NASA are preparing for the second test of its Low Density Supersonic Decelerator (LDSD) test vehicle, due to take place at no later than 6.30pm GMT on 3 June, to see whether it could one day bring heavier payloads to Mars.
Despite NASA itself even calling it a ‘flying saucer’, the craft will not be sent off to the furthest reaches of space using science-fiction technology, but will aid in one day making habitations on Mars possible.
Originally due to launch on 2 June, but delayed because of unfavourable ocean conditions, the craft is set to provide the best test to-date as to whether the LDSD can do what it was designed to do, that being, show it could decelerate a large payload with safety on a planet’s surface.
The plan for the launch will see the LDSD raised to 120,000 feet above the Earth’s surface with the help of a large weather balloon; it will then be dropped, with the craft’s rockets igniting to bring it safely to the surface.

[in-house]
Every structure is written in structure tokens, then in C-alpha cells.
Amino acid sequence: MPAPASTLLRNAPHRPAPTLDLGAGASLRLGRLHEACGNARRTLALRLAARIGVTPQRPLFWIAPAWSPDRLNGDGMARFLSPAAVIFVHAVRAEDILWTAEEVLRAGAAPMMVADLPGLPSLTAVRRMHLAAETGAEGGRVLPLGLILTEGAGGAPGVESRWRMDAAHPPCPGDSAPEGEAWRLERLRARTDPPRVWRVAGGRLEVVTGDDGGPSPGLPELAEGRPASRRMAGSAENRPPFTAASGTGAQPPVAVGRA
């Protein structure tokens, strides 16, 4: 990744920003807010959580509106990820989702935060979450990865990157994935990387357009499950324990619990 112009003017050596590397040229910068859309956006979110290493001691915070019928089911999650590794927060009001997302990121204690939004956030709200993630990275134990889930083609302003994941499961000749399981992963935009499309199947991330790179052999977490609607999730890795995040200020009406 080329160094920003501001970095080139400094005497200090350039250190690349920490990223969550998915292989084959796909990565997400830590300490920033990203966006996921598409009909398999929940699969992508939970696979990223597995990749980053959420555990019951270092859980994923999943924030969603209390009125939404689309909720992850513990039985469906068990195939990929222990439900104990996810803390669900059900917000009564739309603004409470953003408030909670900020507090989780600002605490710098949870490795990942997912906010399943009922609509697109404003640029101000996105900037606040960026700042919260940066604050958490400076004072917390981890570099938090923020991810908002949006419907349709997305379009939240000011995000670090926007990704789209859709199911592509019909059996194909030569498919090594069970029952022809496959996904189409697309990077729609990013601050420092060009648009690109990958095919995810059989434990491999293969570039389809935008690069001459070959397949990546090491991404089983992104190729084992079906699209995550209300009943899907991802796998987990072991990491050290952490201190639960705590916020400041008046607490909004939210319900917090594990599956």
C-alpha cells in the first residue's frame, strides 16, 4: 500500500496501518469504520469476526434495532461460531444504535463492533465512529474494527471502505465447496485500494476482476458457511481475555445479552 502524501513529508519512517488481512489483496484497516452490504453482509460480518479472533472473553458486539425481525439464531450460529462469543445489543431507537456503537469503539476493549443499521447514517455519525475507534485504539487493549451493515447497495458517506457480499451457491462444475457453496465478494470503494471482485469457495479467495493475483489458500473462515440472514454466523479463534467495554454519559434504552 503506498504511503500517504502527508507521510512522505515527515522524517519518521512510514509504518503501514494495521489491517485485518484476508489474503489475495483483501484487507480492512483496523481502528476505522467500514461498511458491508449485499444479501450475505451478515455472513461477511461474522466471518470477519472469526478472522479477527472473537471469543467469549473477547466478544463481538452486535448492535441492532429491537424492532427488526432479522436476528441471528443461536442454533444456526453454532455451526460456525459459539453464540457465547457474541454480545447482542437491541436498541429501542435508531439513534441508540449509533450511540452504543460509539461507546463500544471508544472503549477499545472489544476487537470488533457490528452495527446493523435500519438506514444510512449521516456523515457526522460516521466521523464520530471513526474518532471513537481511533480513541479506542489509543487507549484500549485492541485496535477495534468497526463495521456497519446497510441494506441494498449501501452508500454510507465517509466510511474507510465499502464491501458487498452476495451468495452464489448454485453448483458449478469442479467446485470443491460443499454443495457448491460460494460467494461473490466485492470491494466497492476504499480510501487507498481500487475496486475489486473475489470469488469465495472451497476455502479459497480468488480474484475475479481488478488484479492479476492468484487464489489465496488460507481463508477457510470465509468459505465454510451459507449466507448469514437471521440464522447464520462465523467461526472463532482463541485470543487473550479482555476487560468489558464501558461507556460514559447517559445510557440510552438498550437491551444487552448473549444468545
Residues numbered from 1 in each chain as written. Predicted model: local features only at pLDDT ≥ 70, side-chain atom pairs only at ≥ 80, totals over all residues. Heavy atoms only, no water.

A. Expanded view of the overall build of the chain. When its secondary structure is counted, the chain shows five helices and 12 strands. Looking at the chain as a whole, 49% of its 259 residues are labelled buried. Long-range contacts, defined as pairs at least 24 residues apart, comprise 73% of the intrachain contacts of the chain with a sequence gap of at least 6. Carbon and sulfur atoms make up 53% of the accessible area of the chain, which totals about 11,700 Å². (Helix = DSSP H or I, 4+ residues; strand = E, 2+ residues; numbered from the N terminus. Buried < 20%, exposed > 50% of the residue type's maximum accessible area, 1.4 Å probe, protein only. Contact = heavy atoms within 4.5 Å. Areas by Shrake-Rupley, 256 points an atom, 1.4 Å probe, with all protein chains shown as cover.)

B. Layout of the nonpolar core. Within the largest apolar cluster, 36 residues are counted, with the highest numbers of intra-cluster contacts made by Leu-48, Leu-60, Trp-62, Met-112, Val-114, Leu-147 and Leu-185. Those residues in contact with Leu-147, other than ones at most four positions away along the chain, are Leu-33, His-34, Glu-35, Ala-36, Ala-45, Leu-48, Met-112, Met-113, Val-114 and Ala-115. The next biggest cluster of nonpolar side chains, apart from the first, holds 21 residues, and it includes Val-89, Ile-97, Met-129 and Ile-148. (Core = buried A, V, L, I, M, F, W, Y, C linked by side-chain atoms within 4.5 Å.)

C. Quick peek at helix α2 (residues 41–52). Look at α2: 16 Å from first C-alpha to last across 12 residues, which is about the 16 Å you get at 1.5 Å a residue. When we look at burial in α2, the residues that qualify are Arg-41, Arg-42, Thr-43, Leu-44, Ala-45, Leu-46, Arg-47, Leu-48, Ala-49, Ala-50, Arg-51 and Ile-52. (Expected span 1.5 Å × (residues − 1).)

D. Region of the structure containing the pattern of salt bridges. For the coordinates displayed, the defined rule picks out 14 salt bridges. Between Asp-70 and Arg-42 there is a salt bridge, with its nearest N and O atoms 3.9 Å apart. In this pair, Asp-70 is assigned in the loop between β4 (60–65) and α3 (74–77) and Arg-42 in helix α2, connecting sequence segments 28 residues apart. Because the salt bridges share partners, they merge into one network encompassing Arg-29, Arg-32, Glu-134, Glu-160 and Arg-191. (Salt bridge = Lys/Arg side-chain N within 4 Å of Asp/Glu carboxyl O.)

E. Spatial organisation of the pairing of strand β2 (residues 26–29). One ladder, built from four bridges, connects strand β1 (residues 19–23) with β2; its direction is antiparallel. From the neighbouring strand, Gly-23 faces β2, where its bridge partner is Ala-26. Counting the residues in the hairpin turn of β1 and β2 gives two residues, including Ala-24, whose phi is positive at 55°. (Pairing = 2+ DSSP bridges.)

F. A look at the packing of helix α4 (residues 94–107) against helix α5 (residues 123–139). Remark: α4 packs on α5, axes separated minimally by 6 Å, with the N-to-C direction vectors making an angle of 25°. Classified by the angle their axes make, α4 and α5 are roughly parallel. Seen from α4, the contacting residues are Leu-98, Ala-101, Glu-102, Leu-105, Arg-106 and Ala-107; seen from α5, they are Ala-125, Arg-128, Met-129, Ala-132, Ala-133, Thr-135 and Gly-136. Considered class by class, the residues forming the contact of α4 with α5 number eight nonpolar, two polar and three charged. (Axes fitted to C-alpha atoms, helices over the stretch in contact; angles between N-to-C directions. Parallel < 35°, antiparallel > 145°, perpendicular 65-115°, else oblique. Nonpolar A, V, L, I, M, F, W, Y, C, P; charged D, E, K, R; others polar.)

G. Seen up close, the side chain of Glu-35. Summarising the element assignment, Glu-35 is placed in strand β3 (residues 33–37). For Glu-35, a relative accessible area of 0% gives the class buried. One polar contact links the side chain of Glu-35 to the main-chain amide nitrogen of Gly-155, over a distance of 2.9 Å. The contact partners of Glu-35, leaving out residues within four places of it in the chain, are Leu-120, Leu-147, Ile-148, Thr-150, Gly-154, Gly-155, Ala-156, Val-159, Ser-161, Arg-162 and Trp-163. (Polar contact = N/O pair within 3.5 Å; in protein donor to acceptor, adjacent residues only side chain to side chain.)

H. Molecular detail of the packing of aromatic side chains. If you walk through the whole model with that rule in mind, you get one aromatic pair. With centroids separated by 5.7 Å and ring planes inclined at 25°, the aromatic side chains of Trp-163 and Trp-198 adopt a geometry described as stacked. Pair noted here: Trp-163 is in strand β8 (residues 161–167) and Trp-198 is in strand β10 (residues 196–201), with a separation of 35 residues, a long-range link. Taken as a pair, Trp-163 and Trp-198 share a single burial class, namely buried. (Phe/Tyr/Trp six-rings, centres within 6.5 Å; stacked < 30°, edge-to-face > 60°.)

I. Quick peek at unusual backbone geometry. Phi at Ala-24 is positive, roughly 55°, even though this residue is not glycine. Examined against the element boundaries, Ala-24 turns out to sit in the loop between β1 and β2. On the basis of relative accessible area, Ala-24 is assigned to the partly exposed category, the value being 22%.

Throughout, both NASA’s staff on the ground and anyone with an internet connection will be able to view the same video feed, which will be broadcast on Ustream, showing each step of its deployment across its four cameras.
“What we will be looking most closely for is to see what happens on that fourth camera, when at Mach 2.35 our supersonic parachute is deployed,” said Mark Adler, project manager for LDSD at NASA’s Jet Propulsion Laboratory (JPL).
“It may be hard to see because the transmitted video is low resolution, but we hope to be able to make it out.”
The JPL team will be hoping to improve on the first LDSD test last year, which saw issues with the deployment of its parachute, the largest supersonic parachute ever flown.
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